Is gaming the secret to work success?

Video games on your iPhone might well be the secret to your success.

When other employees catch a glimpse of William Bauer playing video games instead of working, some think he's wasting time.

But the 24-year-old who helps to head up US-based Royce Leather, his family's accessories business, isn't slacking off.

The five-minute Angry Birds session helps him unwind and provides the kind of passive thinking time he needs to solve problems.

"It reawakens me," said Bauer who typically plays a game on his cell phone during the afternoon lull.

Long work hours - sometimes more than 100 hours per week - make processing information more difficult later in the day, he said, and taking video game breaks helps relax and motivate him, giving him more energy to work into the evening.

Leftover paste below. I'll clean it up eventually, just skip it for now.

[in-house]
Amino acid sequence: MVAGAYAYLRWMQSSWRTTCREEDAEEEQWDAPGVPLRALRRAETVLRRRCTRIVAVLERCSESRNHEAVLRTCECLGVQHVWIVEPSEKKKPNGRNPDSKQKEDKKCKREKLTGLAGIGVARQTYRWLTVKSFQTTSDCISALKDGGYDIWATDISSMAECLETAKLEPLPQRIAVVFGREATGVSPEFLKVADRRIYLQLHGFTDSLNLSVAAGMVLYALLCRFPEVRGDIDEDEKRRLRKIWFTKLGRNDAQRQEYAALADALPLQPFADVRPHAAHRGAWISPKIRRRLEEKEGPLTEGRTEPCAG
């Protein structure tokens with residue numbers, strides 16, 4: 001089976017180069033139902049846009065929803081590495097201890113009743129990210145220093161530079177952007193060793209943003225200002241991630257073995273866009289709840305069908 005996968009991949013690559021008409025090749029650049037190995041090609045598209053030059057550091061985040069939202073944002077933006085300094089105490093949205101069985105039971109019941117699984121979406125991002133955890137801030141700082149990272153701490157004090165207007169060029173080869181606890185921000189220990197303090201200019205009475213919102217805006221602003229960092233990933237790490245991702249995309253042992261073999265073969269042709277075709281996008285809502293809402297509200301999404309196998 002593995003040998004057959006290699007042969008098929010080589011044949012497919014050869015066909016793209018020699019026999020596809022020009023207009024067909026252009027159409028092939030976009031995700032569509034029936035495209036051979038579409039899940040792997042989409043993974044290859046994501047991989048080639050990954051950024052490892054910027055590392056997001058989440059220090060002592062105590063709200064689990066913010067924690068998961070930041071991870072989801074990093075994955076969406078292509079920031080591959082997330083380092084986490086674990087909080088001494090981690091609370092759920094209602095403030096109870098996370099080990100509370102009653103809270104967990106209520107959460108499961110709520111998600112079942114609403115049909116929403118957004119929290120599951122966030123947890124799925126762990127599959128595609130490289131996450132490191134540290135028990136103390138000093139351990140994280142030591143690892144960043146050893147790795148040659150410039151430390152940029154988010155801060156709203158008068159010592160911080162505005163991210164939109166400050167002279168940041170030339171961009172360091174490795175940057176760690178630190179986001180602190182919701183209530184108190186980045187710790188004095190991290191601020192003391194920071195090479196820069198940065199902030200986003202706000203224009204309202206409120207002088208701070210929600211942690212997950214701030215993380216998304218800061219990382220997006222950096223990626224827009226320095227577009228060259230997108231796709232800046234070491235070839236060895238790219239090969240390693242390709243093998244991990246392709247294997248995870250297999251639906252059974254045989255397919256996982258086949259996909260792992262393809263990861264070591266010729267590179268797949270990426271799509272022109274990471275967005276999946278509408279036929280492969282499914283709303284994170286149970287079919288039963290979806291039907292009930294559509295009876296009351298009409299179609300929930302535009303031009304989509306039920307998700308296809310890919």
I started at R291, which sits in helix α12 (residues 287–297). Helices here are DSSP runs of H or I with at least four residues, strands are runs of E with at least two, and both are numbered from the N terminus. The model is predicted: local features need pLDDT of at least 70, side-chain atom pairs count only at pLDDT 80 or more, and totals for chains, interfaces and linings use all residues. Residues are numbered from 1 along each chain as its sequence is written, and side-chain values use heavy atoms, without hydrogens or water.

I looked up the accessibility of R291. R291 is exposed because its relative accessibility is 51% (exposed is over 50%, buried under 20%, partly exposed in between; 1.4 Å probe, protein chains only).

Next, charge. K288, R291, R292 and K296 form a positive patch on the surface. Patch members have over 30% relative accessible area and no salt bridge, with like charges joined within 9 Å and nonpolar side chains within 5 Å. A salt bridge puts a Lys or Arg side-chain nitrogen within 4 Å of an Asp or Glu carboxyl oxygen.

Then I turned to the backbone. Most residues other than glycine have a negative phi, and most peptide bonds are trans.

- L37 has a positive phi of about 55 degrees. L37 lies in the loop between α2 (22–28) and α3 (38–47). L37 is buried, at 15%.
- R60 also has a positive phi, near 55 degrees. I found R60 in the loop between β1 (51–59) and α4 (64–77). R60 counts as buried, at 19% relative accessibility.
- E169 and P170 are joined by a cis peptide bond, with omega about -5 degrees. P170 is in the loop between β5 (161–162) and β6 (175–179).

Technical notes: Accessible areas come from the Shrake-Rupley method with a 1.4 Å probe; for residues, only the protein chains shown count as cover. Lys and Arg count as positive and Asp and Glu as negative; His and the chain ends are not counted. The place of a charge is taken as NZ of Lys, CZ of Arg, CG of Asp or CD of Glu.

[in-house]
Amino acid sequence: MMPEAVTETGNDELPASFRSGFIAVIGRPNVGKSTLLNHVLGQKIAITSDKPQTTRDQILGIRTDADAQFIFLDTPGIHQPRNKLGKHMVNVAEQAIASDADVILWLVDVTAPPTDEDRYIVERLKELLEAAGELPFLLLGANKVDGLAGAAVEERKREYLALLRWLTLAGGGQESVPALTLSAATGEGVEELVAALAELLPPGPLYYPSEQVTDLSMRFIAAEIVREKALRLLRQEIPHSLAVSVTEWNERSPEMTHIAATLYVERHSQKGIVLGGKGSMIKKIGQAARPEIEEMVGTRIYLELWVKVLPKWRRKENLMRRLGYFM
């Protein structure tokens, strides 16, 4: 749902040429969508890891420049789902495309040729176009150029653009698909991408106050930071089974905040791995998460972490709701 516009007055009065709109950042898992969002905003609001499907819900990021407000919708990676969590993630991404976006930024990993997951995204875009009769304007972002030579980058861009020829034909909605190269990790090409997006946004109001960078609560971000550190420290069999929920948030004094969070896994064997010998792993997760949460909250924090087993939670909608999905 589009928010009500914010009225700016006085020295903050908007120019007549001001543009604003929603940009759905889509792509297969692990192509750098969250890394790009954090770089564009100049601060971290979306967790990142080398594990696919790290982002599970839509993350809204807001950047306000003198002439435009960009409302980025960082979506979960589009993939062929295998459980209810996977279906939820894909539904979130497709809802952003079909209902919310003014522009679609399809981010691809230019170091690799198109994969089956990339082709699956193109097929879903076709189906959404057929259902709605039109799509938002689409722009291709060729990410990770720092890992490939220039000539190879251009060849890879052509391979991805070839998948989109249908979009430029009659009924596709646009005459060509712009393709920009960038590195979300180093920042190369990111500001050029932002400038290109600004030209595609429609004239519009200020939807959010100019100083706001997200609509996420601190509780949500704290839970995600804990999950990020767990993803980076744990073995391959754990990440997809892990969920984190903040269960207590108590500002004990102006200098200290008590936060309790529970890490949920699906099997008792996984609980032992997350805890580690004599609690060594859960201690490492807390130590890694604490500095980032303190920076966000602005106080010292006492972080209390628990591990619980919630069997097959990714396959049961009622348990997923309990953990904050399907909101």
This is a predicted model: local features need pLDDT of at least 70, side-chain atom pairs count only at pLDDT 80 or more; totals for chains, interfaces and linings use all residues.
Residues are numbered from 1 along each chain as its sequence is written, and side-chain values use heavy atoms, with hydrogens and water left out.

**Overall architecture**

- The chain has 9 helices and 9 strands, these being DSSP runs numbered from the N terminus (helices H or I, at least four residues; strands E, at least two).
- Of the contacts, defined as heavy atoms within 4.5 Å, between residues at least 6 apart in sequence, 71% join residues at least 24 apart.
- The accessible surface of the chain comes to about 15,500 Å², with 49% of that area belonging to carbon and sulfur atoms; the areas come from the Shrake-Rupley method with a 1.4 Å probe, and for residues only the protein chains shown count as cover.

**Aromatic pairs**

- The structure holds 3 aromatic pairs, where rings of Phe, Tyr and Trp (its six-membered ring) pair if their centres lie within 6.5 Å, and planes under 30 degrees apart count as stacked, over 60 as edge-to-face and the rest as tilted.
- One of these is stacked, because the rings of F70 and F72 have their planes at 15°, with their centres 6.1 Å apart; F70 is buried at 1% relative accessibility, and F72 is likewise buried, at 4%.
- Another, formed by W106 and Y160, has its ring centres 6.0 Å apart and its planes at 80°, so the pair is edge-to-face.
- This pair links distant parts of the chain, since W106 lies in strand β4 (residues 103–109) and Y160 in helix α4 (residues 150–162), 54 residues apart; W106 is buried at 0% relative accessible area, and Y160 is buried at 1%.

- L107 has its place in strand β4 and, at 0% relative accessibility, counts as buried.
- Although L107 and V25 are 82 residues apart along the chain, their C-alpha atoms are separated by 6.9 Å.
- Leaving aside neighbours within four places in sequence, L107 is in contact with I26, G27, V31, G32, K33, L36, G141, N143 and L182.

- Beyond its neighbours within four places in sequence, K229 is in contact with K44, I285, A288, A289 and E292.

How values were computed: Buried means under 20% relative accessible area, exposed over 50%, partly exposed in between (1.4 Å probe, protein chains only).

Bauer isn't the only one slinging birds via touchscreen at the office.

Many employees are taking their video game hobby to the office, as longer hours and project-based work make it easier to fit in a few minutes of play during the work day.

Science suggests they may be on to something. Psychologists, along with the gamers themselves, say the benefits go beyond fun or amusement.

Many people use gaming to find moments of stress relief throughout the workday, to cope with a boring role or as a way to feel more in control.

Unlike scrolling Facebook or browsing online, the games are fully engaging and even give us the kind of virtual confidence boost that we might not achieve in our day-to-day work.

"Some video games are built to give you a short experience where you can be competent or autonomous," said Chris Ferguson, a psychology professor who researches video games at Stetson University in DeLand, Florida in the US.

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